Moore v. Jones et al

Filing 32

REPORT AND RECOMMENDATION re 31 MOTION to Dismiss for Lack of Prosecution and Failure to Comply with Court Order filed by J.W. Jones. Signed by Magistrate Judge Joe Brown on 8/15/17. (xc:Pro se party by regular mail. ) (DOCKET TEXT SUMMARY ONLY-ATTORNEYS MUST OPEN THE PDF AND READ THE ORDER.)(gb)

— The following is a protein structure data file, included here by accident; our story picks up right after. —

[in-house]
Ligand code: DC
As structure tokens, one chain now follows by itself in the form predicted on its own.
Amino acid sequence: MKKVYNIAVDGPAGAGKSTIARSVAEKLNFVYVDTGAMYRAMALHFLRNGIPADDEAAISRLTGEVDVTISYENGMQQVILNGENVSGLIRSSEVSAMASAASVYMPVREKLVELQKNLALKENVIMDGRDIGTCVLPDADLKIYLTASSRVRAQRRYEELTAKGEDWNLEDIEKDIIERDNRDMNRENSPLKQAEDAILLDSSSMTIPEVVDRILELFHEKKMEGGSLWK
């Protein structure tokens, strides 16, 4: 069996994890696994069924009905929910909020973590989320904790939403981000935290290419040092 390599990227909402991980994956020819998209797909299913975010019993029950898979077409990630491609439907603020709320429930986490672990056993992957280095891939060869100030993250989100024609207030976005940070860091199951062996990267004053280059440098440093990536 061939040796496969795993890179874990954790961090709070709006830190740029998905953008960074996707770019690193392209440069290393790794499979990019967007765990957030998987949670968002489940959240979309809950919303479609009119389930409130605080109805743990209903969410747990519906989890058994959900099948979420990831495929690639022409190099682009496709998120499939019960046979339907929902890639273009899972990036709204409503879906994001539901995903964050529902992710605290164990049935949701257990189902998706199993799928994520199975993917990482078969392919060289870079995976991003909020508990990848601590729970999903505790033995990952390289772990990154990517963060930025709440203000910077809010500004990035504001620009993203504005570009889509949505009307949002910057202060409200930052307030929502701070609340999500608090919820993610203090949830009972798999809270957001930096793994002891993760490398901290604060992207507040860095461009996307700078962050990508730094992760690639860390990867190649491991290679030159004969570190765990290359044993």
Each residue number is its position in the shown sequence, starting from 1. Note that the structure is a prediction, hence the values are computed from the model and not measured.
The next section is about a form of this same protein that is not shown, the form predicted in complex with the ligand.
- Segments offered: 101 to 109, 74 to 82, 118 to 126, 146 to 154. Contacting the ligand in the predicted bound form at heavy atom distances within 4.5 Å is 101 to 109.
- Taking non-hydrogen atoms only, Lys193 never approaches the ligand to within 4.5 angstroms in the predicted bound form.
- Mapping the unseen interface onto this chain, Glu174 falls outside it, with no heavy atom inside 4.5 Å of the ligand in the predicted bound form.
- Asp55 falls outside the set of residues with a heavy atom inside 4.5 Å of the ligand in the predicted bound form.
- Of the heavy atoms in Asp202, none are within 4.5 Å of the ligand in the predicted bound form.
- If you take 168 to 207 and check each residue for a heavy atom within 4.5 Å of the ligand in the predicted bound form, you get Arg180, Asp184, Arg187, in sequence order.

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UNITED STATES DISTRICT COURT MIDDLE DISTRICT OF TENNESSEE AT NASHVILLE BENNY JOE MOORE, ) ) ) ) ) ) ) ) ) Plaintiff v. OFFICER J.W. JONES, Defendant TO: No. 3:16-2389 Chief Judge Crenshaw/Brown Jury Demand THE HONORABLE WAVERLY D. CRENSHAW, JR. REPORT AND RECOMMENDATION For the reasons stated below, the Magistrate Judge recommends that this case be dismissed with prejudice for failure to prosecute and to obey Court orders. BACKGROUND The Plaintiff filed a complaint against Officer Jones and the Smyrna Police Department on September 8, 2016 (Docket Entry 1). After initial review (Docket Entry 8) the Plaintiff was allowed to proceed in forma pauperis against Officer Jones. The matter was referred to me for case management and a report and recommendation on any dispositive matter. As summarized in the District Judge’s review, the Plaintiff alleged that on June 14, 2016, he was in a physical altercation with someone else and the police were called. He alleged that knowing that he had two warrants for failure to appear he went outside to wait for the arrival of the police and that when they arrived he laid on his stomach with his hands behind his back, offering no resistance. He alleged that Defendant Jones flew into a “blind rage” over a suspicion that the Plaintiff had beaten a female victim and picked up the Plaintiff by his arms so aggressively that he snapped the Plaintiff’s forearm. He alleges that the injury caused him to have a plate and screw used to repair his arm. The Court found that this did state a colorable claim against Officer Jones for the use of excessive force. After service of process was complete, an answer was filed (Docket Entry 15), and a scheduling order (Docket Entry 16) was entered. The scheduling order specifically provided that all discovery would be completed by June 13, 2017, and that the Plaintiff was required at all times to keep a current address on file with the court. On February 6, 2017, the Plaintiff filed a notice of change of address (Docket Entry 22). Subsequently, Officer Jones filed a motion on July 11, 2017 (Docket Entry 28) to compel the Plaintiff to answer interrogatories and requests for production. In the motion he alleged that the first set of interrogatories and requests for production of documents were sent to the Plaintiff in January of 2017, while he was still incarcerated. A second set of discovery was then mailed to his home in Alabama at the address that he had provided and is reflected on the court docket sheet. They allege that his mother signed for the discovery documents sent to Alabama on February 13, 2017. When a timely response was not received the Defendant’s counsel state they mailed a letter to the Plaintiff informing him the responses were overdue and offering an extension 2 to April 5, 2017, to respond.1 They allege that as of July 11, 2017, they have received no response whatever from the Plaintiff. As a result of this motion the undersigned entered an order (Docket Entry 30) for the Plaintiff to show cause by July 31, 2017, why the undersigned should not recommend that his case be dismissed for failure to respond to discovery and to prosecute his case. The Plaintiff was advised that he could satisfy the show cause order by fully complying with the discovery requests that were sent to him by July 31, 2017. The Plaintiff was specifically warned that failure to show cause or to comply with the discovery requests would result in a recommendation that his case be dismissed for failure to prosecute and to obey Court orders. The Court has received no response one way or the other from the Plaintiff and the Defendant has now filed a motion to dismiss (Docket Entry 31) noting that they have not received any response to their discovery requests as of the date of filing their motion on August 14, 2017. An action is subject to dismissal for want of prosecution where the pro se litigant fails to comply with the Court’s order, and engages in a pattern of delay. Gibbons v. Assets Acceptance Corporation, 2006 WL 3452521, *1 (S.D. Ohio, Nov. 29, 2006). The Courts have the inherent power, exercisable in its sound discretion, to dismiss a case for want of prosecution in order to management their own affairs so as to achieve the orderly 1 In their motion to compel (par. 3) the Defendant erroneously refers to the Plaintiff as the Defendant. However, the intent of the motion is clear. 3 and expeditious disposition of cases. Link v. Wabash Railroad, 370 U.S. 626, 630-31 (1962); Smith v. Correction Corp. of America, Case No. 3:14-CV-1259 (MDTN, Judge Campbell, April 7, 2014). In this case the Plaintiff was advised in the initial scheduling order of the need to obey court orders and was specifically ordered on July 14, 2017 (Docket Entry 30) to show cause why his case should not be dismissed for failure to respond to discovery requests and to prosecute his case. It is apparent that the Plaintiff has ignored this order and has not shown cause or complied with the outstanding discovery requests. It appears he has taken no discovery from the Defendant. A dismissal with or without prejudice is a drastic remedy, and before the Court contemplates dismissing an action under Rule 41(b), the Court must specifically consider: (1) whether the party’s failure to cooperate is due to willfulness, bad faith, or fault; (2) whether the adversary was prejudiced by the dilatory conduct of the party; (3) whether the dismissed party was warned that failure to cooperate could lead to dismissal; and (4) whether the less drastic sanctions were imposed or considered before dismissal was granted. Tetro v. Elliott Popham Pontiac, 173 F.3d 988 (6th Cir. 1999). In this case the Plaintiff has been warned of the necessity to respond to motions and specifically directed to show cause or comply with outstanding discovery. The Plaintiff has 4 ignored both of these responsibilities. Therefore, it can only be concluded that the Plaintiff’s failure to comply is due to willfulness, bad faith, or fault. The Defendant in this case is clearly prejudiced because without discovery requests he cannot complete his defense and will not be in a position to file an appropriate dispositive motion. The Plaintiff has, as noted above, been specifically warned of the failure to comply with the show cause order could lead to dismissal. Finally, the Magistrate Judge has considered a less drastic sanction of dismissal without prejudice. However, given that the incident complained about was in June 2016, even a dismissal without prejudice would in all likelihood be barred by the applicable one-year statute of limitations, dismissal with prejudice is appropriate. RECOMMENDATION For the reasons stated above, the Magistrate Judge recommends that this case be dismissed with prejudice for failure to prosecute and to obey Court orders and that any appeal from this dismissal not be certified as taken in good faith. All other motions should be denied as moot. Under Rule 72(b) of the Federal Rules of Civil Procedure, any party has 14 days from receipt of this Report and Recommendation in which to file any written objections to this Recommendation with the District Court. Any party opposing said objections shall have 14 days from receipt of any objections filed in this Report in which to file any responses to said objections. 5 Failure to file specific objections within 14 days of receipt of this Report and Recommendation can constitute a waiver of further appeal of this Recommendation. Thomas v. Arn, 474 U.S. 140 106 S. Ct. 466, 88 L.Ed.2d 435 (1985), Reh’g denied, 474 U.S. 1111 (1986). ENTER this 15th day of August, 2017. /s/ Joe B. Brown JOE B. BROWN United States Magistrate Judge 6